Efficient Site-Specific Integration Of New Genetic Information Into Human Cells

Tech ID: 24215 / UC Case 2014-199-0

Patent Status

Country Type Number Dated Case
United States Of America Issued Patent 10,570,418 02/25/2020 2014-199

Brief Description


The CRISPR/Cas9 system is a robust genome editing technology that works based on the RNA-programmed DNA cleaving activity of the Cas9 enzyme.  Cas9 generates blunt double-strand DNA (dsDNA) breaks (DSBs) at sites defined by a guide sequence contained within an associated CRISPR RNA (crRNA) transcript and has transformed the ability to engineer eukaryotic organisms by initiating DNA repair pathways that lead to targeted genetic re-programming.  There is a need, however, for methods that increase the efficiency of target DNA modification by Cas9 targeting complexes and/or increase the effectiveness of such methods.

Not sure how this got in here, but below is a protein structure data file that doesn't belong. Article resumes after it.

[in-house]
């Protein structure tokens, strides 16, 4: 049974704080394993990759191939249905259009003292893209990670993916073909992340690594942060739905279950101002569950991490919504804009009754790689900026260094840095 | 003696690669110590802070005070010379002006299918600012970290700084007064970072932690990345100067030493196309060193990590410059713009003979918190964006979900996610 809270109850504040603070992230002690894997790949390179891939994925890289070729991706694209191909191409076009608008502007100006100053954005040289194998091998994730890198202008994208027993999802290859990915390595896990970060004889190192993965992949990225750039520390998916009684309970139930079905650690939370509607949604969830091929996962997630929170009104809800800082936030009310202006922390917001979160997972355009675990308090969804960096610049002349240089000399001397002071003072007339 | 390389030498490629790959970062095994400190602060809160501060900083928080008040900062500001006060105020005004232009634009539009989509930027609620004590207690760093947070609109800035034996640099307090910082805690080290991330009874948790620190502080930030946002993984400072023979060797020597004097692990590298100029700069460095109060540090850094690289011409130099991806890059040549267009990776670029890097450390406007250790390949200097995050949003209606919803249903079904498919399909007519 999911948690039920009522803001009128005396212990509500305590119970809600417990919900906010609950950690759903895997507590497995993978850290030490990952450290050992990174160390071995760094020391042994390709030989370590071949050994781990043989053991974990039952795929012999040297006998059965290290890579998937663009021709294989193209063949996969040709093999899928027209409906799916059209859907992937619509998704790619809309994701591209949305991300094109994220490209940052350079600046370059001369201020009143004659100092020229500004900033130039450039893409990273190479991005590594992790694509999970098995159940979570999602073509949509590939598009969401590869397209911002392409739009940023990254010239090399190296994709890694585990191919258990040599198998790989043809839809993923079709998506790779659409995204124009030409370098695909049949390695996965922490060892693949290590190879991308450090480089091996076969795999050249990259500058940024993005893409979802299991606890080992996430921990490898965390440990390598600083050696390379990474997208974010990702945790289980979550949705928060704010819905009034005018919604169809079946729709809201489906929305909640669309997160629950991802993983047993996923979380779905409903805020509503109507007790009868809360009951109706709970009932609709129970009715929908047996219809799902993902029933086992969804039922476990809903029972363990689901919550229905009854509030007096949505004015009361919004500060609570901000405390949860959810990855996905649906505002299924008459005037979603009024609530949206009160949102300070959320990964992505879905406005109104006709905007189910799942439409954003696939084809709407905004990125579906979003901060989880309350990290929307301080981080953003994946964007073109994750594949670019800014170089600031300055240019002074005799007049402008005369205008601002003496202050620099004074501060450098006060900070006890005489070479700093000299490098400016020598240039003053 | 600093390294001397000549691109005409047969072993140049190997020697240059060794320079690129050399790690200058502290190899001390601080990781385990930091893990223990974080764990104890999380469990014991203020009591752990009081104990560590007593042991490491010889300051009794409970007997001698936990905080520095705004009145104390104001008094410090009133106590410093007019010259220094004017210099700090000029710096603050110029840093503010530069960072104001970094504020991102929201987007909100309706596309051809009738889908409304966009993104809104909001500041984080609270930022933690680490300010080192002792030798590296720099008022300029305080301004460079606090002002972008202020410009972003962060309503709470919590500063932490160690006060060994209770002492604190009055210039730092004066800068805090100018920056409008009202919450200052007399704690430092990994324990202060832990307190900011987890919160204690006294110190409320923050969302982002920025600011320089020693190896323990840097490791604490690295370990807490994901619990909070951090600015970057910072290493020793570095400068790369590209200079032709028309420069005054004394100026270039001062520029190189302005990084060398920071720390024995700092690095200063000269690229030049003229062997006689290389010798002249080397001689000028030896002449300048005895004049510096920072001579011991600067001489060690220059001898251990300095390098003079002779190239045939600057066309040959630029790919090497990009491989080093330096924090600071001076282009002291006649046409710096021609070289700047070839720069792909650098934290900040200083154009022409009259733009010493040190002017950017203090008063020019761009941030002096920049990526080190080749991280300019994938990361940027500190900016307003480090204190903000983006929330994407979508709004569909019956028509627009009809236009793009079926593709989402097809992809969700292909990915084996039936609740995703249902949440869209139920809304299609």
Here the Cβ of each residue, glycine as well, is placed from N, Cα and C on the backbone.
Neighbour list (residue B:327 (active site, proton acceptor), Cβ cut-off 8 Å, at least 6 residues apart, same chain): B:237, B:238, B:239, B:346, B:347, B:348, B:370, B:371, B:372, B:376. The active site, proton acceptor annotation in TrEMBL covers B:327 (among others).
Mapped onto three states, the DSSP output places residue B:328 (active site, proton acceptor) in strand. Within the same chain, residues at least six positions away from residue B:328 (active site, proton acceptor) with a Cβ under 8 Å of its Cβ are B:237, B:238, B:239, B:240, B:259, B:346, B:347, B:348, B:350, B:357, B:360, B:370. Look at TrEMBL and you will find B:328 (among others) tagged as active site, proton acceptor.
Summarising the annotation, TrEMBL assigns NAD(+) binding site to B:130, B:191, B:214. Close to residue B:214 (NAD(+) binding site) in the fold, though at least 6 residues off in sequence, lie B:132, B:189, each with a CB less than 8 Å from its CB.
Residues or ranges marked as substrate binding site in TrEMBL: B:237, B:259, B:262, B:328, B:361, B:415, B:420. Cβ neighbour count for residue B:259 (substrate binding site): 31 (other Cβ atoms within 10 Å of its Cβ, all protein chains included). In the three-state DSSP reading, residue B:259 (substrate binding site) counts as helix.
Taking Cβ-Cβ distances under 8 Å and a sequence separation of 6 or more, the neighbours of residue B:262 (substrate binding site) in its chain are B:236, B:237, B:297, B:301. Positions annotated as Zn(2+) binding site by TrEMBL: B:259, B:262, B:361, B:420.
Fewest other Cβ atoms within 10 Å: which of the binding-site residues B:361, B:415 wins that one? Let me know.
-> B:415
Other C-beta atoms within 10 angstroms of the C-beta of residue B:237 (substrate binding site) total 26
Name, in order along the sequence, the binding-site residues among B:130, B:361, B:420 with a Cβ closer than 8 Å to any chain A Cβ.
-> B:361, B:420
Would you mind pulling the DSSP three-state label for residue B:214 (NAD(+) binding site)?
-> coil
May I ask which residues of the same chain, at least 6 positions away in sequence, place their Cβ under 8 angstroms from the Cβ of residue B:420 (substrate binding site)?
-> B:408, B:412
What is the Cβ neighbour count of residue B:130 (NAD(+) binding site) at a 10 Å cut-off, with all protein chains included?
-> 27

UC Berkeley researchers have found a simple and robust approach for introducing new genetic information site-specifically, in a eukaryotic cell, and with high efficiency using timed delivery of Cas9-guide RNA ribonucleoprotein (RNP) complexes.  The approach combines well-established cell cycle synchronization techniques with direct nucleofection of the pre-assembled Cas9 ribonucleoprotein (RNP) complexes to achieve controlled nuclease action at the phase of the cell cycle best for HDR.


Suggested uses

  • Genome editing (e.g., human, plants, and animal cells)
  • Genome engineering in both transformed and primary human cells


  • Enhanced HDR efficiency in human cells
  • Highly efficient, site-specific editing
  • Simple and robust editing
  • Cell mortality minimized


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  • Doudna, Jennifer A.

Other Information


Genetic engineering, homology-directed repair, HDR, genome editing, Cas9, CRISPR

Categorized As

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